Sangria’s origins trace back to the Roman conquest of Spain. Romans planted vineyards throughout Spain around 200 BC. Red wine punches, which the Spanish named Sangria, date back almost that far. Sangria is called zurra in southern Spain. White Sangria is called Sangria Blanco.

Sangria was introduced to Americans at the 1964 New York World’s Fair. It is prepared with a concoction of the following ingredients: red or white wine, fruit (often soaked in wine), fruit juices, soda water, and occasionally brandy.

There is no right or wrong fruit to use when making Sangria. Limes, oranges, peaches, nectarines, apples, berries all make great mixes.

Most restaurants make their own Sangria, usually served in a pitcher over ice and garnished with fresh fruit.

So this evening raise your glass of red or white Sangria, or whatever your (alcoholic) beverage of choice might be, and Salud! Sangria!

Monday, December 17, 2012

The Debate on Gun Control

I usually do not write about controversial societal issues on this blog. However I feel strongly about this topic and the Newtown school massacre puts the issue on the front pages everywhere.

The time is past for debate on the pros and cons of gun control. Debate should now focus on what kind of gun control should be enacted.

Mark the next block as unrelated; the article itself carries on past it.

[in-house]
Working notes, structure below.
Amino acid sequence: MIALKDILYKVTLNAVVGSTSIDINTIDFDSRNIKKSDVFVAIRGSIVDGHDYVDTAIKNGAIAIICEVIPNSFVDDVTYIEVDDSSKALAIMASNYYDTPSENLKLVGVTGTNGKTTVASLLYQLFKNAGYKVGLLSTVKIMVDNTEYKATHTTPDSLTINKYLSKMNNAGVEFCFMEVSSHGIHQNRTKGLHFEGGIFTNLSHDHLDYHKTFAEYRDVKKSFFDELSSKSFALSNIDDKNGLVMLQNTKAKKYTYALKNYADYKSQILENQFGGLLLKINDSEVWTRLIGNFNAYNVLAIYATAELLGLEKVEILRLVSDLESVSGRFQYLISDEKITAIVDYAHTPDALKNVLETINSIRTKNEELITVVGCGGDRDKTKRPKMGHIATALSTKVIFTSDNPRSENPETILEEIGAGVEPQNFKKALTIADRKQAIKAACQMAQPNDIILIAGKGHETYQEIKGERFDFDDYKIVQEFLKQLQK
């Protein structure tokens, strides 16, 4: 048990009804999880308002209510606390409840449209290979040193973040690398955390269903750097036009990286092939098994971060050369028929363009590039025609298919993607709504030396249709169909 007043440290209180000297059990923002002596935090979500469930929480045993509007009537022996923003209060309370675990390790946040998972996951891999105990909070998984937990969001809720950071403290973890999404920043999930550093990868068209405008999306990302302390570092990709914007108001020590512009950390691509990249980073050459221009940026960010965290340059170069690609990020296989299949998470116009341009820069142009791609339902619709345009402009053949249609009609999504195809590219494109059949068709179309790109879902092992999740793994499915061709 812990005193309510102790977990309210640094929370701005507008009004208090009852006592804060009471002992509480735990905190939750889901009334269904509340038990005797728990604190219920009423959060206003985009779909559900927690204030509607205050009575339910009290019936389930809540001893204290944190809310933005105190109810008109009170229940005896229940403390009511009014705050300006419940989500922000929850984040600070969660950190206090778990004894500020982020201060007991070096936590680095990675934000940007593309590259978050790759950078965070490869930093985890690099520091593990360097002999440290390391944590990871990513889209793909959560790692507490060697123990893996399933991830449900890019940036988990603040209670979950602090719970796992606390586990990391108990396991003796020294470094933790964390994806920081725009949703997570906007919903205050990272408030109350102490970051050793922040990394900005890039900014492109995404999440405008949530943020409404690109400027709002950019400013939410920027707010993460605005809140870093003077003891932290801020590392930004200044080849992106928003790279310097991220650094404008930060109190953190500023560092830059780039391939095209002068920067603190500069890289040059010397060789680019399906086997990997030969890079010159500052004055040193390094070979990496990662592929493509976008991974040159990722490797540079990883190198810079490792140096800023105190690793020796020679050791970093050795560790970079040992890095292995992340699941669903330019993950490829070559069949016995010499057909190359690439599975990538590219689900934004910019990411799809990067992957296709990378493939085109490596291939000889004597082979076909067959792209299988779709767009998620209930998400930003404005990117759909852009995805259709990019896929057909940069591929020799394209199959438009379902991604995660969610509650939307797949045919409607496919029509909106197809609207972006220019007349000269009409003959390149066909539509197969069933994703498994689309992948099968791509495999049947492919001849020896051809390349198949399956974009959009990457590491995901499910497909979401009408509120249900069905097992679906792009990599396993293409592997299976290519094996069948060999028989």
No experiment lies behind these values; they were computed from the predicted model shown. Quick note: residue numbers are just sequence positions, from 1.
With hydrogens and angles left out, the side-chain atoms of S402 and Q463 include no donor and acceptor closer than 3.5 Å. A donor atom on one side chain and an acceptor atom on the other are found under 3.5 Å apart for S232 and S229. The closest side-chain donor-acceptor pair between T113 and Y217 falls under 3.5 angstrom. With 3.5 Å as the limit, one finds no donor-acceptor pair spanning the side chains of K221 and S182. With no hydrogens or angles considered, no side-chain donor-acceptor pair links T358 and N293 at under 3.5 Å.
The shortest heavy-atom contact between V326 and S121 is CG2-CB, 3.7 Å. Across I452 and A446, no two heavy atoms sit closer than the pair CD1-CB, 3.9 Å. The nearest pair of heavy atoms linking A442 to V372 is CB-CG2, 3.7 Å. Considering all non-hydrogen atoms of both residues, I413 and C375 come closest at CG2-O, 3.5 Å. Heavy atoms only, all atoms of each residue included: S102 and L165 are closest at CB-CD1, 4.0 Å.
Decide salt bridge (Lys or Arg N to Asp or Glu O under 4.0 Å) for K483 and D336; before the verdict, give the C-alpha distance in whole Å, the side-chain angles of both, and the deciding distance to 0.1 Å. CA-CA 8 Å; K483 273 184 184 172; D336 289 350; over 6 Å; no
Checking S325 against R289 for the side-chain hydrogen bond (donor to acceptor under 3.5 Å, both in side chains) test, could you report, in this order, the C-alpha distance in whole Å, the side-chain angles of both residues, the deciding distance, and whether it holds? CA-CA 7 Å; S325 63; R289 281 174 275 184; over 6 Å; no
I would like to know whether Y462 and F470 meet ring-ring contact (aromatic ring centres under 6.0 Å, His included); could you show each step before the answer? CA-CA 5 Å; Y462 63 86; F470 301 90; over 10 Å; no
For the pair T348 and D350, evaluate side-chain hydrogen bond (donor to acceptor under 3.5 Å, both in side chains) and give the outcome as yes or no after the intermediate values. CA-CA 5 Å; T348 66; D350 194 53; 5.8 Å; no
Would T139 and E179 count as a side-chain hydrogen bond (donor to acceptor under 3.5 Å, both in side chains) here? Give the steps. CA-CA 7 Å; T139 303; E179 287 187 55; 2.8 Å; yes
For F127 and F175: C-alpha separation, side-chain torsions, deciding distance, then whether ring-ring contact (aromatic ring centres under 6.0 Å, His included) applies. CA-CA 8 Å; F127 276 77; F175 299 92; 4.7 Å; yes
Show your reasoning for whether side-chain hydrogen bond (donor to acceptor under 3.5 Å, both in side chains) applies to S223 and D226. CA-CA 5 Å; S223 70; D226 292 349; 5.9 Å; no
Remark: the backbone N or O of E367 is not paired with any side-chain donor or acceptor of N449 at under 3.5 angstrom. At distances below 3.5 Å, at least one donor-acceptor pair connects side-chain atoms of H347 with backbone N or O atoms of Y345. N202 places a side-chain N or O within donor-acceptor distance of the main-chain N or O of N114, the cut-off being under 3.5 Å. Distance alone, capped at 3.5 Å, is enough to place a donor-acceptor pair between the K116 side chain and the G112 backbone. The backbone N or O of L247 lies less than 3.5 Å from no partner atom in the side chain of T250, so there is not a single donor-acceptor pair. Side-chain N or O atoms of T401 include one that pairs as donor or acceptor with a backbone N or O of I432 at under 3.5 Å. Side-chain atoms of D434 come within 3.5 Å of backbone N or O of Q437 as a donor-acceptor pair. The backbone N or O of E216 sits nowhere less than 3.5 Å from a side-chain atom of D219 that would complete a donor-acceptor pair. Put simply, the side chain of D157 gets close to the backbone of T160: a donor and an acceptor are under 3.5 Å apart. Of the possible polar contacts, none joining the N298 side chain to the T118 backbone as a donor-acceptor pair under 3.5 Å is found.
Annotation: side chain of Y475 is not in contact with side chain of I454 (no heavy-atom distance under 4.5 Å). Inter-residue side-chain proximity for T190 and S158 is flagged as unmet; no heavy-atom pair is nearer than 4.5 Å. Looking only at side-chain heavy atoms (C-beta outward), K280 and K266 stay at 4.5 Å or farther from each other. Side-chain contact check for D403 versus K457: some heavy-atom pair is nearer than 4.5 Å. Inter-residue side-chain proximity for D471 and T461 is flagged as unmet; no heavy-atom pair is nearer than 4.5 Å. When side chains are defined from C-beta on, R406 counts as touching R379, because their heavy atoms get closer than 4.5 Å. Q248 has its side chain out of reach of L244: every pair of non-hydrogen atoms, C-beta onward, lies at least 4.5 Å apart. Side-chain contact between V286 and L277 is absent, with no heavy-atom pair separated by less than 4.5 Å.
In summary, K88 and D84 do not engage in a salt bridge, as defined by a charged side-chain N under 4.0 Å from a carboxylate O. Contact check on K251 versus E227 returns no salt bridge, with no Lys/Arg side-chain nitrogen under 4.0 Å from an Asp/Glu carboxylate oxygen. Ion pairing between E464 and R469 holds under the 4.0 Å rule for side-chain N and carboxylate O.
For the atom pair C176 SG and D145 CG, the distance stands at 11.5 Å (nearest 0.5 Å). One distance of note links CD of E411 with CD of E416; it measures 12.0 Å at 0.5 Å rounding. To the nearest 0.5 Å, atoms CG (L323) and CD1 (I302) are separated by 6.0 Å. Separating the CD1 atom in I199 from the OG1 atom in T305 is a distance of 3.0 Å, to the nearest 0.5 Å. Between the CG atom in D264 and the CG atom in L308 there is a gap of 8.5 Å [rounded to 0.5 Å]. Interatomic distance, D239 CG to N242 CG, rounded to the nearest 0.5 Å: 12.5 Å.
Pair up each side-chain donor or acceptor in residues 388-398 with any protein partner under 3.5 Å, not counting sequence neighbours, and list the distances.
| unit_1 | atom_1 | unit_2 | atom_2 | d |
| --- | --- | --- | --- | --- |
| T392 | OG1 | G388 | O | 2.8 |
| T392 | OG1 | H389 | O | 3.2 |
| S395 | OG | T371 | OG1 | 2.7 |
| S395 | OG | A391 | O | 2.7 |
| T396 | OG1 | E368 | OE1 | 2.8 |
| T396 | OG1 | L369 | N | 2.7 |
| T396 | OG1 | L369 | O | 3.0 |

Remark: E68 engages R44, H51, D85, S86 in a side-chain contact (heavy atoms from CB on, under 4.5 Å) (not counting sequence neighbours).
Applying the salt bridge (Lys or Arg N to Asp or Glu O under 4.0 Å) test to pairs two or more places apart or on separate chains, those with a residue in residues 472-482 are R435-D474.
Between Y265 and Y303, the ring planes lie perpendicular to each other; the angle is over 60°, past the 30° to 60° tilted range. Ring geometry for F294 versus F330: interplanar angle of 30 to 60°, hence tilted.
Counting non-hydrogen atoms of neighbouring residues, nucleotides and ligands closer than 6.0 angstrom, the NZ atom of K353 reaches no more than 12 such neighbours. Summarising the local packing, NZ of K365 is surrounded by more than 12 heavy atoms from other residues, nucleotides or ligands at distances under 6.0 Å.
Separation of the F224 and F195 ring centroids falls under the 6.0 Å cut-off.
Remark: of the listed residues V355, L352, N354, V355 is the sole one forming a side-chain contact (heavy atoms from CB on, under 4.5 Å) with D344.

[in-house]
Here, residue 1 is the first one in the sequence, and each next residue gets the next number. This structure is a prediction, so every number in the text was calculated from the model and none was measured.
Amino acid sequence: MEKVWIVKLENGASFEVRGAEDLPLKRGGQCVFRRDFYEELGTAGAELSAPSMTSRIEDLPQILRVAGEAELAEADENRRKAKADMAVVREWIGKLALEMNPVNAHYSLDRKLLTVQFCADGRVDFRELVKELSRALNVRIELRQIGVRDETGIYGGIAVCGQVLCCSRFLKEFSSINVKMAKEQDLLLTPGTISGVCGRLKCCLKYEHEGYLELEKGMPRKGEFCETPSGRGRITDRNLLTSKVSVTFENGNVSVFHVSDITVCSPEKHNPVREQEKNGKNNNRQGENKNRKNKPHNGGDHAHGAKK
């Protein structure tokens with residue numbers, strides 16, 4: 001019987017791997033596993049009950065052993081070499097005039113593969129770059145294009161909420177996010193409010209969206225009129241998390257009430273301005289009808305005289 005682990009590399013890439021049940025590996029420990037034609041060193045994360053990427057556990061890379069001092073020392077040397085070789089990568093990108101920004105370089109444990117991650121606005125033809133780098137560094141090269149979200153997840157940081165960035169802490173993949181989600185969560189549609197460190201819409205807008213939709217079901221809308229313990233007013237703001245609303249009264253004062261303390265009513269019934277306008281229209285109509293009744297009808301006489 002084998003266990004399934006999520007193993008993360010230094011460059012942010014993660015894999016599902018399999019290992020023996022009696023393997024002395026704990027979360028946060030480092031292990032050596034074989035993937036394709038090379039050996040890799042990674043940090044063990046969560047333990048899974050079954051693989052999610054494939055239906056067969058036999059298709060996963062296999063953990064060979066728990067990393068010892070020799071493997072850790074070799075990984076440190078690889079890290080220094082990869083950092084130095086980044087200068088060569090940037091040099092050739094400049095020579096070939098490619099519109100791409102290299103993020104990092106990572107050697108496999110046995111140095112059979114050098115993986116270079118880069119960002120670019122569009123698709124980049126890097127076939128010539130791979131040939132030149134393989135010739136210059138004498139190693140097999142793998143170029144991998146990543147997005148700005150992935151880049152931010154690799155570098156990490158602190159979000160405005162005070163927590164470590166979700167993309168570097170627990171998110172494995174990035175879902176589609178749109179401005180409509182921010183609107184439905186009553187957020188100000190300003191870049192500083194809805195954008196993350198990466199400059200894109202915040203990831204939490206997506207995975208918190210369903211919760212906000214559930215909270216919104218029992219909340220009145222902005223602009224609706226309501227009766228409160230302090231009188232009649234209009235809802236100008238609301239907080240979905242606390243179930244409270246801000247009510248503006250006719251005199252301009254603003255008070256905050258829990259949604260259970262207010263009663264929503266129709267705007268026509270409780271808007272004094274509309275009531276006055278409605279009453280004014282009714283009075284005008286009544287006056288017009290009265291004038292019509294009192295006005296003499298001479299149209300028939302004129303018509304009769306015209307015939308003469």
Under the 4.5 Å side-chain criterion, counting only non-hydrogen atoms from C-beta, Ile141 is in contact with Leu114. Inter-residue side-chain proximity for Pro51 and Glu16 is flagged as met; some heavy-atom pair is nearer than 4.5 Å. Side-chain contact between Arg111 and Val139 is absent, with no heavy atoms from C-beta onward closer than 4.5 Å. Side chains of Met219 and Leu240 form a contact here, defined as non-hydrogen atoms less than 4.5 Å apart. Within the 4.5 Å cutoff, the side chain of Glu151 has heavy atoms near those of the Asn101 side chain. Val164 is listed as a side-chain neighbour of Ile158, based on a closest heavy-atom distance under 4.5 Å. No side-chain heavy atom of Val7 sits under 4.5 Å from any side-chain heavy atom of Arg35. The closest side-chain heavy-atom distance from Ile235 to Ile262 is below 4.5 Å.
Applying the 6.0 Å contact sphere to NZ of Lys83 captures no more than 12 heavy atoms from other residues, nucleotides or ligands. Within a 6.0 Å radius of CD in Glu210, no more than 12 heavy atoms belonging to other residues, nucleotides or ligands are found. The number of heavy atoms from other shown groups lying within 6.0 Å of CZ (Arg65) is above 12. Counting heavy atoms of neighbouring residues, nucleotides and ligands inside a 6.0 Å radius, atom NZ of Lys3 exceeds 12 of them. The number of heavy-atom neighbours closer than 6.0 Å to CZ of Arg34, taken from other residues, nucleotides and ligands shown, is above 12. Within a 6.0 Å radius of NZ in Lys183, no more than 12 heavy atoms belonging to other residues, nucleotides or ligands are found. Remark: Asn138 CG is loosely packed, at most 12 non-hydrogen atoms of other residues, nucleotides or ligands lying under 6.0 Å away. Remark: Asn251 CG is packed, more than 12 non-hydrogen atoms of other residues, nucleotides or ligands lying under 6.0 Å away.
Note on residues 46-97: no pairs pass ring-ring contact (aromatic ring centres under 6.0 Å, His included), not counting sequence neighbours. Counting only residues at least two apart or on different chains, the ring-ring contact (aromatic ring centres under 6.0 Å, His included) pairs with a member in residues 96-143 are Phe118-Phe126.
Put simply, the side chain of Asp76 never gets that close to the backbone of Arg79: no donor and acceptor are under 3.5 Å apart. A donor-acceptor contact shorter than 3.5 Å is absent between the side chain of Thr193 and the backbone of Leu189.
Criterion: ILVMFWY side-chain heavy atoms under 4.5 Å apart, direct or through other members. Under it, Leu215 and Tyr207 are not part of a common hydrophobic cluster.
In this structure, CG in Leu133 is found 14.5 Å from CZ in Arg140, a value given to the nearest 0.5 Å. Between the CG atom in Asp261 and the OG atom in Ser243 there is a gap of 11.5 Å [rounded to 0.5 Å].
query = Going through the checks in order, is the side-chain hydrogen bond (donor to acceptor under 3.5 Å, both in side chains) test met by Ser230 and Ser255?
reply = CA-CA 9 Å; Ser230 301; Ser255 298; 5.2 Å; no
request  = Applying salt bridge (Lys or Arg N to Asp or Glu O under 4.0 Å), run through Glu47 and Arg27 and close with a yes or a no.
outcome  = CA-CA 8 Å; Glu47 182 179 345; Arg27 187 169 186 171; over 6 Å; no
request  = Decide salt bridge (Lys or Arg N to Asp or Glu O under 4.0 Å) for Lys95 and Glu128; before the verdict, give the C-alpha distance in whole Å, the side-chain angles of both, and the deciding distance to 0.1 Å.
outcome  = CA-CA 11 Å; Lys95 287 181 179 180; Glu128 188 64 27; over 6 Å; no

Governments establish guidelines citizens obey and hopefully respect, leading to an orderly, organized, protected and safe society. There is and always has been a contest over how many rules are too many. Too much regulation results in stifling the economic and social well being of all citizens. Few rules cause a breakdown in a society’s comfortable and safe lifestyle.

The United States faces the breakdown of mores regarding the respect, safety, protection, health and regard of its citizens. When the right to bear arms supersedes the safety of citizens everywhere – especially the youngest who cannot defend themselves – the society needs to take a careful look at the ramifications of its actions, or lack thereof. The second amendment of the Bill of Rights stipulates the right to bear arms:

A well regulated militia, being necessary to the security of a free state, the right of the people to keep and bear arms, shall not be infringed.

The states ratified the Bill of Rights in 1791. Gun control opponents talk about their right to possess guns – including the kinds of guns that did not exist in 1791.

Circumstances change, society changes, and the United States in 2012 is not the rural society of 1791. The law of unintended consequences regarding the second amendment has hit our country hard, and it is time to re-evaluate current guidelines and set new ones that protect citizens without infringing on basic rights. I doubt the Founding Fathers would be unswerving in their defense of the Second Amendment surveying the devastation wrought by the refusal of many to curb the profusion of deadly weapons.

It is time for an open, honest debate about what to do now.

The NRA (National Rifle Association), in a 2000 TV commercial, claimed violent crimes increased in Australia after strict gun control laws were enacted in the 1990s.

The NRA’s claims were wrong.